These high-frequency sounds, critical to the understanding of speech especially in noisy background situations, need to be amplified in as undistorted a manner as possible. Their intelligibility in quiet and in varying noise backgrounds need to be presented to the patient in an audiologic rehabilitation situation.

Dr. Tikofsky also refers to the loss of appreciation of the “quality” of music by many persons with hearing impairment. Portable forms of amplification reproduce the range essential for understanding connected conversational speech.

Enjoyment of music requires a broader frequency response and greater dynamic range. Even the best modern hearing aids just “won’t cut it” for those seeking quality music enjoyment.

Tikofsky states, and I agree fully, “attaining and integrating good speech reading and listening skills at this stage will be invaluable to them as they begin to experience cognitive decline, which includes reduced attention span and memory.”

Finally, Dr. Tikofsky places the audiologist as holding the “primary rehabilitation role,” as it was during its inception and rapid expansion during and after World War II. In assuming that role, audiologists view service to patients in the context of how hearing impairment impacts “the total quality of life of the persons with hearing loss.” He concludes with the important statement, “now more than ever, audiologists must fulfill their role as essential professionals in the study and treatment of communication disorders.”

It has been a pleasure to have this opportunity to respond to the comments offered by readers of this blog and I thank the Editors for the opportunity to do so.

 

Maurice H. Miller, PhD, is Professor Emeritus of Audiology, New York University Steinhardt School of Culture, Education and Human Development. Throughout his career, he has directed programs in Communication Disorders at some of the nation’s leading medical and academic institutions. Dr. Miller has authored five books, over 120 articles in peer-reviewed journals, and numerous monographs and chapters in widely used audiology textbooks.

 

*featured image courtesy of clce.onmason.com


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1 Comment

  1. Thank you Dr. Miller for contributing another thought-provoking post for Hearing Views.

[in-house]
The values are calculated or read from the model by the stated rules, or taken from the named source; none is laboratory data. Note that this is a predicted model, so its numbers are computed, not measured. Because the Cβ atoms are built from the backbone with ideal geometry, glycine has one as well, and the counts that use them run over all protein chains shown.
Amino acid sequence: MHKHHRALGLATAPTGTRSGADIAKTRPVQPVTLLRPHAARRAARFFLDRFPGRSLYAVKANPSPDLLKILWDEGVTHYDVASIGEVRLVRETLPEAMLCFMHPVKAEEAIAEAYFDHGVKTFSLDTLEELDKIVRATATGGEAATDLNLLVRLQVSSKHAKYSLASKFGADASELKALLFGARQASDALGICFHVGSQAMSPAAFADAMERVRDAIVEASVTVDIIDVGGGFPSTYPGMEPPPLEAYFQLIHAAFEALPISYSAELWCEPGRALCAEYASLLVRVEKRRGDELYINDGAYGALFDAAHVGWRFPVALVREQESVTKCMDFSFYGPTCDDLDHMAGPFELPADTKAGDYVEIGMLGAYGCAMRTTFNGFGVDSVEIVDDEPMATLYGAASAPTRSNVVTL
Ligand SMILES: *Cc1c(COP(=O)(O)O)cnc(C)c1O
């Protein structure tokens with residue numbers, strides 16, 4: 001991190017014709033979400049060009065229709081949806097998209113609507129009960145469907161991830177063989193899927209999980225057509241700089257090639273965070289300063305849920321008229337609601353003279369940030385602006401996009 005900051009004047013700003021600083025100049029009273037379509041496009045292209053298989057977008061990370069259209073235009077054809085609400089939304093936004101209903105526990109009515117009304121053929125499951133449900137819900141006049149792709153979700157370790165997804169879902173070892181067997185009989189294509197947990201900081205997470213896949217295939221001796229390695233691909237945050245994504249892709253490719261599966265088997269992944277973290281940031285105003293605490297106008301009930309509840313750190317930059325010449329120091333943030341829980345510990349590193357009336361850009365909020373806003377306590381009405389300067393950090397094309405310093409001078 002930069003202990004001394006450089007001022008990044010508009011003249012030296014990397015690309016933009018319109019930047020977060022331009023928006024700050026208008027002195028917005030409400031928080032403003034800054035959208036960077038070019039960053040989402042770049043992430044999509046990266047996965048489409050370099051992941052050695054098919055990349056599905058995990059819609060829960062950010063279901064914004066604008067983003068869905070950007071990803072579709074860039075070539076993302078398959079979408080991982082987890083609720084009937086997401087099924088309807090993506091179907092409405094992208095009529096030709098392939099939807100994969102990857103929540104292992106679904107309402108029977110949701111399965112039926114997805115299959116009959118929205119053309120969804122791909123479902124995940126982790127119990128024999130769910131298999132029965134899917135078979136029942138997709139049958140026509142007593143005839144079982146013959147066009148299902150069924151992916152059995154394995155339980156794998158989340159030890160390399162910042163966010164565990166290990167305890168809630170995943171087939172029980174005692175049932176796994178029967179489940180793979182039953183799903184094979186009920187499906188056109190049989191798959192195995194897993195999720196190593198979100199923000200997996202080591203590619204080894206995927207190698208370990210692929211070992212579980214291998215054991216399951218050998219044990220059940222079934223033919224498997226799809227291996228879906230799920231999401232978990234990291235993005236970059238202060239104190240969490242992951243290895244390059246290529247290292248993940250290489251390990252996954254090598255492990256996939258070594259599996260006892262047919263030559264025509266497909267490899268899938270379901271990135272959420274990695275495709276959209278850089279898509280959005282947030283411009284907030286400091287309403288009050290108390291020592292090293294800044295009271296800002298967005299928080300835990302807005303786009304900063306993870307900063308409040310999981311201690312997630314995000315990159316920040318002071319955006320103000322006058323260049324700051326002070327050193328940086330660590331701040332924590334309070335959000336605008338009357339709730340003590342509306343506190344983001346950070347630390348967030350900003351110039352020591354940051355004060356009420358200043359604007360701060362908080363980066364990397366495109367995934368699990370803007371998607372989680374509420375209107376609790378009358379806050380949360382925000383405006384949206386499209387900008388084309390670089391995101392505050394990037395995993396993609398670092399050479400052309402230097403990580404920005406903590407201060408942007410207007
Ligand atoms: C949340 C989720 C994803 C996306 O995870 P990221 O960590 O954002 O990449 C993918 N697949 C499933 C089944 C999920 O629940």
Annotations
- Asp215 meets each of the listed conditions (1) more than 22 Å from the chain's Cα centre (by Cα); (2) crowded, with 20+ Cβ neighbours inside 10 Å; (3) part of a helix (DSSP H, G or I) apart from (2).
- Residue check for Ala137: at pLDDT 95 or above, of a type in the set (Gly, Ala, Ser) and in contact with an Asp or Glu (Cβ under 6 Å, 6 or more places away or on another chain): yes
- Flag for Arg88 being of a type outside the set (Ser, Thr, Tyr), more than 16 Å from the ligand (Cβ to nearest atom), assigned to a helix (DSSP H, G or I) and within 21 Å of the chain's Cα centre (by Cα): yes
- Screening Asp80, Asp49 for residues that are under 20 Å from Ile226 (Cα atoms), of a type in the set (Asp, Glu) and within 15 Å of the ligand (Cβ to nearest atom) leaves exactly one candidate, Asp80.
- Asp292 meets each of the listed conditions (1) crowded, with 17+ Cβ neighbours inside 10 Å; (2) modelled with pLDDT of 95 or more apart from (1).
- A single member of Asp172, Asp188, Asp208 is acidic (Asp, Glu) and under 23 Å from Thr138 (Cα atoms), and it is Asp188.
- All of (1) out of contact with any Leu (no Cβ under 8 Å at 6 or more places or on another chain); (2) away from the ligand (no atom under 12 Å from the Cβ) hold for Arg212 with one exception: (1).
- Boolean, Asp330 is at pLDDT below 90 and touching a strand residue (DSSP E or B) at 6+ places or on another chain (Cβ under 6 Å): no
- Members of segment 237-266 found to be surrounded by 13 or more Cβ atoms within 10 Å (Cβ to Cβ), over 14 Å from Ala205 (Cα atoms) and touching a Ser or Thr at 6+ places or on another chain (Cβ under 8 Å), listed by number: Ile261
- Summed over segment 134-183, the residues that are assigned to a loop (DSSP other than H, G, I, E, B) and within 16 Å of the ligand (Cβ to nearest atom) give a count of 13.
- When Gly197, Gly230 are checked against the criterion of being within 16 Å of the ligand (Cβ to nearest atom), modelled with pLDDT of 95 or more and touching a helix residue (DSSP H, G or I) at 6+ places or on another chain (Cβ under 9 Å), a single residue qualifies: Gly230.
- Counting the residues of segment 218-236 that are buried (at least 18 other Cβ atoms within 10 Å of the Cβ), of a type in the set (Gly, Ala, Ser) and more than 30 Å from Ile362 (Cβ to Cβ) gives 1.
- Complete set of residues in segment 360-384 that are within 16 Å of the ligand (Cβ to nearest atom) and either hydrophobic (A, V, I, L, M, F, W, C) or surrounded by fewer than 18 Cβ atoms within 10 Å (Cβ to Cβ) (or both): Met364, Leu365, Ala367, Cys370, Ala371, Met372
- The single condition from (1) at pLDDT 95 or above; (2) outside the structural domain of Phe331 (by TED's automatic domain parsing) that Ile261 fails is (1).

I’d like to share a few of my thoughts on auditory rehab with our readers and address why I see the “billing issue” being such a problem:

    1) Many AuDs today are employed by ENTs, hospitals, etc., who want their employees to “produce” billable time. Since structured rehab, particularly group sessions, are not “billable”, many non-audiologist employers do not see the value and therefore will likely not support it. You could always bill patients for this time, but I can attest from personal experience that even when offered completely free of charge and ongoing promotion of the vast benefit to patients of these group sessions, the turnout is often dismal.
    2) Personally, I believe that the majority of audiologists today are doing much more than simply manipulating the hearing aid circuit and “sending people out the door”. Most clinicians I talk to are seeing patients at least 3-4 times following the initial hearing aid fitting over the course of several weeks. During those visits, the patients and their families are typically counseled (and often re-counseled) on many issues well beyond just the use of their hearing aids, including: communication strategies, assistive devices, assertiveness and personal advocacy, lipreading, LACE, etc., etc. (many topics that would be traditionally be reviewed in a rehab context)
    3) Structured rehab is the ideal and I don’t think anyone could disagree with Dr. Miller on the importance of auditory rehab. However, I think the modern clinic environment often doesn’t lend itself well to the traditionally structured format. Audiologists need to do a better job at conveying the value it (and they) provide and thus, patients will more clearly understand that better hearing is about much more than technology alone.